The suckage of all this grows exponentially each day

Posted by Red Winger from Sault Ste Marie on 09/26/12 at 10:03 AM ET

Evilpens's avatar

NFL & Officials have a “Agreement at hand” according to Chris Mortensen

Posted by Evilpens on 09/26/12 at 01:09 PM ET

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What I have a problem with is the owner’s signing ridiculous contracts days before the CBA expired, knowing they had no intent to meet those terms under the CBA they would be proposing. So I think it is disingenous that they negotiated in “good faith” for whatever it is worth.  In reality, it isn’t worth much and the next CBA is all that will matter.

Regardless of good faith or not, my biggest problem with the owners is that no matter what agreement they set up, they will figure out a way to undermine it and lead the NHL back into a lockout on the next go around. I get the feeling that these “titans of industry” aren’t much brighter than the “gas station attendants” they have working for them. Many of them might have had a bright idea once upon a time that lead to a pile of cash, but that thought may have since died of loneliness.

Posted by hockey1919 from mid-atlantic on 09/26/12 at 01:21 PM ET

HockeytownOverhaul's avatar

Posted by HockeyinHD on 09/26/12 at 10:07 AM ET

easy there Urkel, everything will be ok, I promise.  And just for future reference, next time you’re writing out chapter 234 in your “Comments Memoirs”.. I stopped reading them (the ones more than a paragraph long) a while back so it really is just wasted effort but I’m sure for you it’s theraputic.. or tantric.. whatever, just thought I’d let you know.

Posted by HockeytownOverhaul on 09/26/12 at 02:42 PM ET

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Speaking of intensely clumsy attempts at mockery.{/quote]

You don’t really need to say that, JJ.  I assume it when you post.

What I have a problem with is the owner’s signing ridiculous contracts days before the CBA expired, knowing they had no intent to meet those terms under the CBA they would be proposing. So I think it is disingenous that they negotiated in “good faith” for whatever it is worth.

It’s like nobody in the world understands that the CBA is the pre-eminent document, not SPCs.

Again, what is signed into a SPC is meaningless if it isn’t supported by the CBA.  That’s not an instance of ‘bad faith’, because it’s not like there was some hidden CBA the owners all had that they referenced while signing players to contracts that they SPRING on them before the ink dries.  Nobody really knows what the next CBA will bring.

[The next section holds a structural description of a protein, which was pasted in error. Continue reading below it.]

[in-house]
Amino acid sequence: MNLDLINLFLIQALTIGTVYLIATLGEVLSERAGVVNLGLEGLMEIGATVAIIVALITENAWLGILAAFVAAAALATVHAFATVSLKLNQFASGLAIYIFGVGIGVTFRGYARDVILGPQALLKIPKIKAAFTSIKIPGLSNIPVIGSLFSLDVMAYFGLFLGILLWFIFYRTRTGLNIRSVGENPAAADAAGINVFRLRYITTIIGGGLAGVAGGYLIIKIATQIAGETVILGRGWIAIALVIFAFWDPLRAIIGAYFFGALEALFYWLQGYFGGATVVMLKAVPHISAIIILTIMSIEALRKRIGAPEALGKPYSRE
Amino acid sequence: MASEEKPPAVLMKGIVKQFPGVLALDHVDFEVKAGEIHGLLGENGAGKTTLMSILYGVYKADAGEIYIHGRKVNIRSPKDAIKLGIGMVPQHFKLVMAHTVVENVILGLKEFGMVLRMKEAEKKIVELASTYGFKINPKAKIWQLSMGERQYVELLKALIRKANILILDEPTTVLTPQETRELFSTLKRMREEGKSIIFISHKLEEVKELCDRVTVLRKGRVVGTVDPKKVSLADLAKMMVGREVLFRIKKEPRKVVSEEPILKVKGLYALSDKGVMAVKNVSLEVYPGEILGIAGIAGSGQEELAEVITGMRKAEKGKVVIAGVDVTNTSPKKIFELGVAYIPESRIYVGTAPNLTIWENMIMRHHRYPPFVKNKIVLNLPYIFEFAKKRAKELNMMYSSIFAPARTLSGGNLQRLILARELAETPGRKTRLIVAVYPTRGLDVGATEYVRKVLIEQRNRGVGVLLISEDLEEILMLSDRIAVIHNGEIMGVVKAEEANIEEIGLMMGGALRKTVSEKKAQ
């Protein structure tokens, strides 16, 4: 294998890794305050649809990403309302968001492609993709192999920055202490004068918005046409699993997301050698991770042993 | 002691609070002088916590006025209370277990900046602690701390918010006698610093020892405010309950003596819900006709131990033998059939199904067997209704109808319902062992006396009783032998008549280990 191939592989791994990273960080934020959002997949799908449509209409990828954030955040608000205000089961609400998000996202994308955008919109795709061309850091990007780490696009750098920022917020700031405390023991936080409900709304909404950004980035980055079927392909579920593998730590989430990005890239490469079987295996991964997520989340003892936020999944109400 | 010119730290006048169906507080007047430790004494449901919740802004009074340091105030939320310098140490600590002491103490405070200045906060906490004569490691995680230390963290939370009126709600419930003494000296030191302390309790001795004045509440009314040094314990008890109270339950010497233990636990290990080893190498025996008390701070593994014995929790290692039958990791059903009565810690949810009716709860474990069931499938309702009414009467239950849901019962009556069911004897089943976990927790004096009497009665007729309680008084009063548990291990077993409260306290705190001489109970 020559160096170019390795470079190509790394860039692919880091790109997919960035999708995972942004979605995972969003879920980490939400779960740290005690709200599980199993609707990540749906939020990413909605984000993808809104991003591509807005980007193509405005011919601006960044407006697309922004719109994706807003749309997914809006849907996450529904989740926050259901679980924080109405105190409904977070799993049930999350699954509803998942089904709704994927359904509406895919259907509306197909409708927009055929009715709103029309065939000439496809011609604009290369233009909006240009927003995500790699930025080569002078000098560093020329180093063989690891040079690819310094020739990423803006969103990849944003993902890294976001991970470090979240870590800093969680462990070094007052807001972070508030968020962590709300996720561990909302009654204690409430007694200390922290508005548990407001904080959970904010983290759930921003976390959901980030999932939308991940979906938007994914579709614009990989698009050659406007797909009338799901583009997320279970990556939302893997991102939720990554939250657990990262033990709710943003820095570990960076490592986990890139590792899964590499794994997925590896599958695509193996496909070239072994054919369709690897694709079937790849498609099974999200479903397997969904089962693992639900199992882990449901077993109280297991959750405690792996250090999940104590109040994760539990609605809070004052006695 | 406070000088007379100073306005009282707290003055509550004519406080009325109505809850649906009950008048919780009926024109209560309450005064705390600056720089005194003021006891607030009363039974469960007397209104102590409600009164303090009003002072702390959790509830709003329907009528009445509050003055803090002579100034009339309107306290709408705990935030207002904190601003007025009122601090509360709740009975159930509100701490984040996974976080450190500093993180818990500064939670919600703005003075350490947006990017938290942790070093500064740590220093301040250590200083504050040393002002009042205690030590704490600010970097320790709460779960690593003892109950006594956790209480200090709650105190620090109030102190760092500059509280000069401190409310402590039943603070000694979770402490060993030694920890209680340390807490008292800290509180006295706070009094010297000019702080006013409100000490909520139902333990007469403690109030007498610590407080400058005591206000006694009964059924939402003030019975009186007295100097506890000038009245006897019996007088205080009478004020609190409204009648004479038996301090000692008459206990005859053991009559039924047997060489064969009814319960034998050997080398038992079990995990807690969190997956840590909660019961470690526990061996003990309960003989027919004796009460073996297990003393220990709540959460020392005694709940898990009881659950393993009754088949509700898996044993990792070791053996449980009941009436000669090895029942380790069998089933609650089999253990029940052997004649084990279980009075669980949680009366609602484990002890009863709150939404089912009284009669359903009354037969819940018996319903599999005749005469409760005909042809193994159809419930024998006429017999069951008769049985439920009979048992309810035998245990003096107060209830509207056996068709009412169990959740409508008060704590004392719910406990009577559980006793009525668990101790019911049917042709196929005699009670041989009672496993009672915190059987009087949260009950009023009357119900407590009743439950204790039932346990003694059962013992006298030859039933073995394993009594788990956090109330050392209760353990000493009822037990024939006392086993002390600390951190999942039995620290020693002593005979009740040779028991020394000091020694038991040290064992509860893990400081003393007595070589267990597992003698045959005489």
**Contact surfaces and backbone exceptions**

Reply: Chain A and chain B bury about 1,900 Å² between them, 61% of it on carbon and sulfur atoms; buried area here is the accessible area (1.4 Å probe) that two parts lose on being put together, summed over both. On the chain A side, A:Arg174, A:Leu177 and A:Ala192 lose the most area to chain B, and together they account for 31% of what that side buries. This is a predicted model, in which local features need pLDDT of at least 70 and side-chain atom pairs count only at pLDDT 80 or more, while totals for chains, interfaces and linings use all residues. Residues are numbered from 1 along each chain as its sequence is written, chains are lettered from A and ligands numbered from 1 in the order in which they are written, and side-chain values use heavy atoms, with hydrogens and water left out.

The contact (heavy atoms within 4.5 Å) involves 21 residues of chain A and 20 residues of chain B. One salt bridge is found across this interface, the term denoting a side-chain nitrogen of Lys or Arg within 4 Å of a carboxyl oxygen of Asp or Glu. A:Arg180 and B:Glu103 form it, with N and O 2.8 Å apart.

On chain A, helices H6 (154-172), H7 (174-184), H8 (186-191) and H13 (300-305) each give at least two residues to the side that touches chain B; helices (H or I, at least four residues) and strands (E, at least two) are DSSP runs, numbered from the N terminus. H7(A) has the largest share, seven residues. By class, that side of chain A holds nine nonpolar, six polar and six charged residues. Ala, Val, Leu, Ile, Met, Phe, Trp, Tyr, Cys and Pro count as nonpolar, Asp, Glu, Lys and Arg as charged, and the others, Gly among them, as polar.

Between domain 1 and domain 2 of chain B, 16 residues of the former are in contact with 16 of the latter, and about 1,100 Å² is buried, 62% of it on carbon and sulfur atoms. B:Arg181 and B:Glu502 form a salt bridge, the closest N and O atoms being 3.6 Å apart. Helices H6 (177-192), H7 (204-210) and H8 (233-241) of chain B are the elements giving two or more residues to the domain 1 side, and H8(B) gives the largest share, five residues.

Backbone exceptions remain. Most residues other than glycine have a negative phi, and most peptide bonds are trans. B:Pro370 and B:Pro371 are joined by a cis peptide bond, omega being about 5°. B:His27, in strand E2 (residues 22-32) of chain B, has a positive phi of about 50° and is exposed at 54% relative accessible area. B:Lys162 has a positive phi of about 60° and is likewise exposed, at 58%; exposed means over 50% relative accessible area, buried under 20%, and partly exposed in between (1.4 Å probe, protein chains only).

If some GM gives a player a full NTC and full NTCs end up being wiped out of the new CBA, that’s not a case of an owner negotiating in bad faith.  If the new CBA allows UFA status after 2 years instead of around 4-6 like it is now, players who take advantage of that change in rule would not be acting in bad faith either.

CBA > SPC.

Posted by HockeyinHD on 09/26/12 at 02:46 PM ET

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I stopped reading them (the ones more than a paragraph long) a while back

Ah.  That would explain why you keep repeating the same factually flawed opinions, then.

-That space above counts as a paragraph break, so you should stop reading now HO.  I don-t want you to get woozy.-

Hopefully there are other people who might have the fortitude to read more than 5 consecutive sentences without having their synapses cease firing.

Posted by HockeyinHD on 09/26/12 at 02:50 PM ET

HockeytownOverhaul's avatar

-That space above counts as a paragraph break, so you should stop reading now HO.  I don-t want you to get woozy.-


Too late :/

Hopefully there are other people who might have the fortitude to read more than 5 consecutive sentences without having their synapses cease firing.

Honestly, this is why right there.  You’re more concerned with telling people how to feel, or how to react, or what opinions they should have *if they were as smart as you.. all because you want people to recognize and agree with your opinions